When the company finally got off the ground, Adhikari asked his staff to go easy with handing out the first batch of 500 promo flyers. “I wanted limited promotion,” says Adhikari. “I didn’t want people to order more than we could deliver.” But for the first six months, Foodmandu received barely three orders a day. But then things started to pick up. He also realised that although most orders were placed by offices, there was a demand for the service among individual customers too. As word spread, Adhikari decided to extend his services: The delivery hours were stretched till eight in the evening, and instead of delivering only on workdays, the company took orders even on Saturdays. Today, Foodmandu gets orders worth over Rs 150,000 every day.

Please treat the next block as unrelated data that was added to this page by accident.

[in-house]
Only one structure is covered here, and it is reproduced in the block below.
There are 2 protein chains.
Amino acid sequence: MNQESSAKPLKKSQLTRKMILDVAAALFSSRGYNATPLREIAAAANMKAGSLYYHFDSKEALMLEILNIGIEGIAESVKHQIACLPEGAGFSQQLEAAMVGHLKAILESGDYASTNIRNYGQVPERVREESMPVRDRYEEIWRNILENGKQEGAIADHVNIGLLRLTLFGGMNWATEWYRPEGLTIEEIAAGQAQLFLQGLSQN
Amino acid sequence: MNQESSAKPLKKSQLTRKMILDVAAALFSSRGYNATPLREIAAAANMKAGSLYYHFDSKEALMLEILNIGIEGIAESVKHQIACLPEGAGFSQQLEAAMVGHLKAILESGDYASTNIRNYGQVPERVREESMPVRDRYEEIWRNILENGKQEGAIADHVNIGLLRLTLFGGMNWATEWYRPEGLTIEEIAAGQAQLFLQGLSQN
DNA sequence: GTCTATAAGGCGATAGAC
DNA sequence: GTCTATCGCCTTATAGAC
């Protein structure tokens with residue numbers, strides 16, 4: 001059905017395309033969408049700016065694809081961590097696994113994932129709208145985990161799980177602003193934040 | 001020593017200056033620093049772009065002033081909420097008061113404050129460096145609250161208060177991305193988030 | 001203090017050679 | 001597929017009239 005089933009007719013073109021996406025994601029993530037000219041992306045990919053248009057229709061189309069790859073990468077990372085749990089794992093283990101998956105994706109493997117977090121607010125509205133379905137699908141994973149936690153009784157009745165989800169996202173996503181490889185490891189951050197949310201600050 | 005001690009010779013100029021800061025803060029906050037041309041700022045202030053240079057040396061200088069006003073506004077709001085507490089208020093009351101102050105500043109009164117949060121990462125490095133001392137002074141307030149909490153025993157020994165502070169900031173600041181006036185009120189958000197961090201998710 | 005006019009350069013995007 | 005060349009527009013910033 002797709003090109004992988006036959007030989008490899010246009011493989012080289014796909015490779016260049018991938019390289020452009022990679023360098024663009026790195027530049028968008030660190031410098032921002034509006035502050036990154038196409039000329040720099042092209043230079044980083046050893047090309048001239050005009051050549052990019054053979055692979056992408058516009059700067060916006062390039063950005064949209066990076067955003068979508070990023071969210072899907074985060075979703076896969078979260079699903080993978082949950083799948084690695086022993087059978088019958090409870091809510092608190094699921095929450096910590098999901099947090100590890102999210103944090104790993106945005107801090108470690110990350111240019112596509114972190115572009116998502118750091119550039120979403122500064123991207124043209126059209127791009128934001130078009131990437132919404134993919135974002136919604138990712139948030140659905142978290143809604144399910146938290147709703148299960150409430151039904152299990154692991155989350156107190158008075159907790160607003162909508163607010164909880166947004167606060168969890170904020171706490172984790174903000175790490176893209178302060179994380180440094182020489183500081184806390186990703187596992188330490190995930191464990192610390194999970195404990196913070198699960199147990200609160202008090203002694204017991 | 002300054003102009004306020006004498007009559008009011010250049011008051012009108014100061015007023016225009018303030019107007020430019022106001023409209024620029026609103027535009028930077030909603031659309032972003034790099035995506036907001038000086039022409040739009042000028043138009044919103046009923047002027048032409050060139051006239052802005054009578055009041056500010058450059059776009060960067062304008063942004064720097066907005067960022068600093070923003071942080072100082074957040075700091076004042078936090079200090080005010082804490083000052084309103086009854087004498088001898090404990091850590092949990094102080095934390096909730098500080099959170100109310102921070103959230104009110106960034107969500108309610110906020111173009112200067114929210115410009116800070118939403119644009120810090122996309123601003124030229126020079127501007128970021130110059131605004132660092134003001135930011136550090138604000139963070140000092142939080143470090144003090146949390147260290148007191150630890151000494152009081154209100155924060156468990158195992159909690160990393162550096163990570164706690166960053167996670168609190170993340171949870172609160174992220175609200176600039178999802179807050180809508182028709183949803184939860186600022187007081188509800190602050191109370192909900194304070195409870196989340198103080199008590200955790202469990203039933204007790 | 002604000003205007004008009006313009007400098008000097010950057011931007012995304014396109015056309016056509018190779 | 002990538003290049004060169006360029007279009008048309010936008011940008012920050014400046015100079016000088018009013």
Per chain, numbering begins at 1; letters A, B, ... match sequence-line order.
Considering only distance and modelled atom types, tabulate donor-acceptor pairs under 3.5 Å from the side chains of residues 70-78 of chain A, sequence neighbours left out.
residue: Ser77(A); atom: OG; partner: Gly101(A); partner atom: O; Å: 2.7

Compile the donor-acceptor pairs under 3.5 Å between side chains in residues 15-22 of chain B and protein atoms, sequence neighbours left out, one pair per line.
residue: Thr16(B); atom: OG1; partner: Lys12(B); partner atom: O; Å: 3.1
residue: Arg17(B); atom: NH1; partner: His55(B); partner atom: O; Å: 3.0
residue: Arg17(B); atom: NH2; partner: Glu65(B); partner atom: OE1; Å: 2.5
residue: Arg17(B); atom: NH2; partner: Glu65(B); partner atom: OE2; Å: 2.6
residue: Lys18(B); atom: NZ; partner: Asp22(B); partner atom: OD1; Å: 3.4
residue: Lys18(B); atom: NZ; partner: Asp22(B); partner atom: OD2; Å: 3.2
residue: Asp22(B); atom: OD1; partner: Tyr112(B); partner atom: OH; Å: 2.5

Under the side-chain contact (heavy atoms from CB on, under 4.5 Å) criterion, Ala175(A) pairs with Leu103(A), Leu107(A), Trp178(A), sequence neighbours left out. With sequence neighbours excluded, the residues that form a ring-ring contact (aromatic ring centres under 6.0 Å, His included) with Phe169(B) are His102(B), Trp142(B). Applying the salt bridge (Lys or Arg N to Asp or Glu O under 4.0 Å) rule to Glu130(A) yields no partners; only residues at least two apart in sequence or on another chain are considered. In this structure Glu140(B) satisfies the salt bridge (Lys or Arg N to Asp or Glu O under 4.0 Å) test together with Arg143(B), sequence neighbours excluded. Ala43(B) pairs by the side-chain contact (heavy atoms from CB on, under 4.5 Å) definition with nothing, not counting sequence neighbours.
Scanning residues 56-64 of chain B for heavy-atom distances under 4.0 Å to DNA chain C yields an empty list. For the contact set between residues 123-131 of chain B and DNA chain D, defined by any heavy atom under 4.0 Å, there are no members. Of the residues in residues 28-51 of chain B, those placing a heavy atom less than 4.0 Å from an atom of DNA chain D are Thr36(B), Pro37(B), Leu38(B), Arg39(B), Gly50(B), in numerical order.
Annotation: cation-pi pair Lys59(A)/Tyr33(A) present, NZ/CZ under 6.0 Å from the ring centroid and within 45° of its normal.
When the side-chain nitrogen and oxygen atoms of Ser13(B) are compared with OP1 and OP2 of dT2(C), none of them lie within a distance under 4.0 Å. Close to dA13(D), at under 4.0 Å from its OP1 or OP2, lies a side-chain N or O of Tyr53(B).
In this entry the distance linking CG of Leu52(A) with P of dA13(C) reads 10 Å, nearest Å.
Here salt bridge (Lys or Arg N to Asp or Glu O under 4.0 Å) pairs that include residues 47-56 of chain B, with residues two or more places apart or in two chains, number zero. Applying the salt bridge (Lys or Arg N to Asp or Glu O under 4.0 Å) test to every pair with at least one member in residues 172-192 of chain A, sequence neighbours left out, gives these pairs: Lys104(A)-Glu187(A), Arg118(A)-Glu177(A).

To ensure that the increasing orders were fulfilled on time required that Adhikari get more vehicles for delivery. In the beginning, Adhikari had opted for using two electric scooters to make deliveries—they were economical, priced at around Rs 35,000, and eco-friendlier than motorbikes. However, Adhikari soon realised that the scooters couldn’t cover the distance as they had been pegged to, and with an average of 25 kilometres of drive-time on a single charge, they weren’t nearly reliable enough to make regular deliveries. Replacing the e-scooters with used motorbikes meant a major re-investment that Adhikari had not anticipated.